DF=Dilution factor corresponding to the relationship between the original sample and the amount of sample counted.
Ry =Recovery of the yttrium oxalate (ratio of the mass of yttrium oxalate collected on the filter to the expected mass of yttrium oxalate on the filter.
Ey =Efficiency of counter for yttrium oxalate mass on planchet.
V=Volume of sample prepared for analysis
Q1 =Decay correction for strontium decay between start and end of 90 Y grow-in
Q2 =Decay correction for yttrium decay between end of 90 Y grow-in and counting of 90 Y
Q3 =Decay correction for yttrium decay between start and end of 90 Y grow-in.
The relative uncertainty in the activity of the sample is calculated using the following equations: ##EQU2## where: USr90 =The relative uncertainty corresponding to one standard deviation of the calculated activity for 90 Sr from the yttrium oxalate.
Uy =The relative uncertainty of the counts of the sample calculated from the square root of the gross counts divided by the gross counts in the integrated area of the peak.
Ub =The relative uncertainty of the counts of the background calculated from the square root of the gross counts divided by the gross counts in the integrated area of the background.
UE =The relative uncertainty of the counting efficiency, including uncertainty in the standard.
UYy =The relative uncertainty in the yield of the yttrium. This value is set a 2% due to the precision of the balance, the preparation of the carrier.
UYs =The relative uncertainty in the yield of the strontium. This value is set at 2% due to the precision of the balance, the preparation of the carrier, or the comparison between the sample and comparator.
Ud =The relative uncertainty in the decay factors and the ingrowth corrections. This value is set at 0.3%
Uv =The relative uncertainty of the initial sample volume measurement and dilutions and transfers. This value is set at 3% due to the number of sample transfer steps.
Un =The relative uncertainty in the counting statistics as referenced to the current background value. As the sample count rate approaches background, the error increases exponentially. When the sample count rate is approximately three times the one sigma value of the background, this term becomes insignificant. It is calculated using the following equation: ##EQU3##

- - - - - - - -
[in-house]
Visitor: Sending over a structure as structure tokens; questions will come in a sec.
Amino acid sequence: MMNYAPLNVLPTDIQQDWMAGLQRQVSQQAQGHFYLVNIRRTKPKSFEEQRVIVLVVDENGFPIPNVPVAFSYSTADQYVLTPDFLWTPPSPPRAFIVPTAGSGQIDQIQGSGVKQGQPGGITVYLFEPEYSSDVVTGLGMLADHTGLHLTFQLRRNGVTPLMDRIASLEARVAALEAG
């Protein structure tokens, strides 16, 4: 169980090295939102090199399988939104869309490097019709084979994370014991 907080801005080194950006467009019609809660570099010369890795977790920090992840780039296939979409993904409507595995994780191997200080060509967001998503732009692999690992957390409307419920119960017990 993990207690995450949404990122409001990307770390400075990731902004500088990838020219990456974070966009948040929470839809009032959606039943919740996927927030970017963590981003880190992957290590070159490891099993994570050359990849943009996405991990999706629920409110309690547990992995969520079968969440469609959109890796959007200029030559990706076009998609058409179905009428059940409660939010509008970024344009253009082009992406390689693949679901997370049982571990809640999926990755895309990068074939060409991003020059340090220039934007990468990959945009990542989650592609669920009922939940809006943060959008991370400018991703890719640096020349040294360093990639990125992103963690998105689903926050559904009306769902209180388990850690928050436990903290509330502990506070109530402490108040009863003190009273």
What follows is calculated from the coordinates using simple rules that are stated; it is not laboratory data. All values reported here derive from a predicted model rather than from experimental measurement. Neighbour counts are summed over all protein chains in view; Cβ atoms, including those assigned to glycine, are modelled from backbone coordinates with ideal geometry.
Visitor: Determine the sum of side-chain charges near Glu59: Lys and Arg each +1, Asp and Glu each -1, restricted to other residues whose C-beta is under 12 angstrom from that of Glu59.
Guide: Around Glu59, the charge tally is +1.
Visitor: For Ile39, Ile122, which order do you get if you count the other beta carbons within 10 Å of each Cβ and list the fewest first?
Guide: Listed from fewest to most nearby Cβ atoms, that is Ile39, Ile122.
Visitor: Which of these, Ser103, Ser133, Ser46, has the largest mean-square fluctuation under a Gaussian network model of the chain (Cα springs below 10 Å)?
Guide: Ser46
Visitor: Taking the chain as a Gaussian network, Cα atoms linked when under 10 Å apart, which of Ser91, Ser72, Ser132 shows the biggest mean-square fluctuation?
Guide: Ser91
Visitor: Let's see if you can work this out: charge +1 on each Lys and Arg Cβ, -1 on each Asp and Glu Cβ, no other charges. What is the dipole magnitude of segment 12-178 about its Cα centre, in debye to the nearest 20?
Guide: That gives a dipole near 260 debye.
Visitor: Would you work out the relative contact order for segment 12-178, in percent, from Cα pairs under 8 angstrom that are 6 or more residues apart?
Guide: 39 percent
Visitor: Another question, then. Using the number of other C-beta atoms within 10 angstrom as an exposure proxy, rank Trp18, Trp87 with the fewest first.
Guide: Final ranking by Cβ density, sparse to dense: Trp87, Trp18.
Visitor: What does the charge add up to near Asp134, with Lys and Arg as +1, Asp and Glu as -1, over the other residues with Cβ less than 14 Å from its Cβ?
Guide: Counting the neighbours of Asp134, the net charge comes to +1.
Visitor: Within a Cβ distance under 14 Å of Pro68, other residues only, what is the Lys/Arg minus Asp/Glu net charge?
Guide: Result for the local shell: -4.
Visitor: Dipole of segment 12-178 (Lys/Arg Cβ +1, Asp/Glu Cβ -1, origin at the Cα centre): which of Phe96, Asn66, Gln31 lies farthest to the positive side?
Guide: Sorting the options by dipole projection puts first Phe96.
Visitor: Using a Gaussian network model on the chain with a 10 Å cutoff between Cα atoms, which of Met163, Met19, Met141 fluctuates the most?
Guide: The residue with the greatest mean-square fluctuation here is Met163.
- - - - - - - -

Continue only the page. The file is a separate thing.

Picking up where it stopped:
where T is the time the samples are counted in minutes.
The absolute uncertainty is calculated by multiplying the relative uncertainty by the calculated activity.
The detection limit DL of the analyses are calculated using the following equations: ##EQU4##
where T1 is the total seconds yttrium oxalate was counted, and T2 is the total seconds strontium sulfate was counted.
If the calculated analysis result is below the calculated detection limit, the result is reported as less than the detection limit.
For each standard counted, the efficiency is calculated using the following equation: ##EQU5##
Std. Value=the disintegrations per second for the standard at T0
e-λt =decay correction for the time elapsed between T0 and the time of counting
(C/S)std=the counts per second for the standard
(C/S)blk=the counts per second for the blank
R=the chemical recovery of the strontium or yttrium added.
The foregoing description of a preferred embodiment of the invention has been presented for purposes of illustration and description. It is not intended to be exhaustive or to limit the invention to the precise form disclosed, and obviously many modifications and variations are possible in light of the above teaching. The embodiment was chosen and described to best explain the principles of the invention and its practical application and thereby enable others skilled in the art to best explain the principles of the invention and its practical application and thereby enable others skilled in the art to best utilize the invention in various embodiments and with various modifications as are suited to the particular use contemplated. It is intended that the scope of the invention be defined by the claims appended hereto.
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|International Classification||C01F17/00, B01J45/00, C01F11/00|
|Cooperative Classification||B01J45/00, C01F11/005, C01F17/0006|
|European Classification||B01J45/00, C01F17/00B, C01F11/00B|
|Sep 21, 1999||REMI||Maintenance fee reminder mailed|
|Feb 27, 2000||LAPS||Lapse for failure to pay maintenance fees|
|May 9, 2000||FP||Expired due to failure to pay maintenance fee|
Effective date: 20000227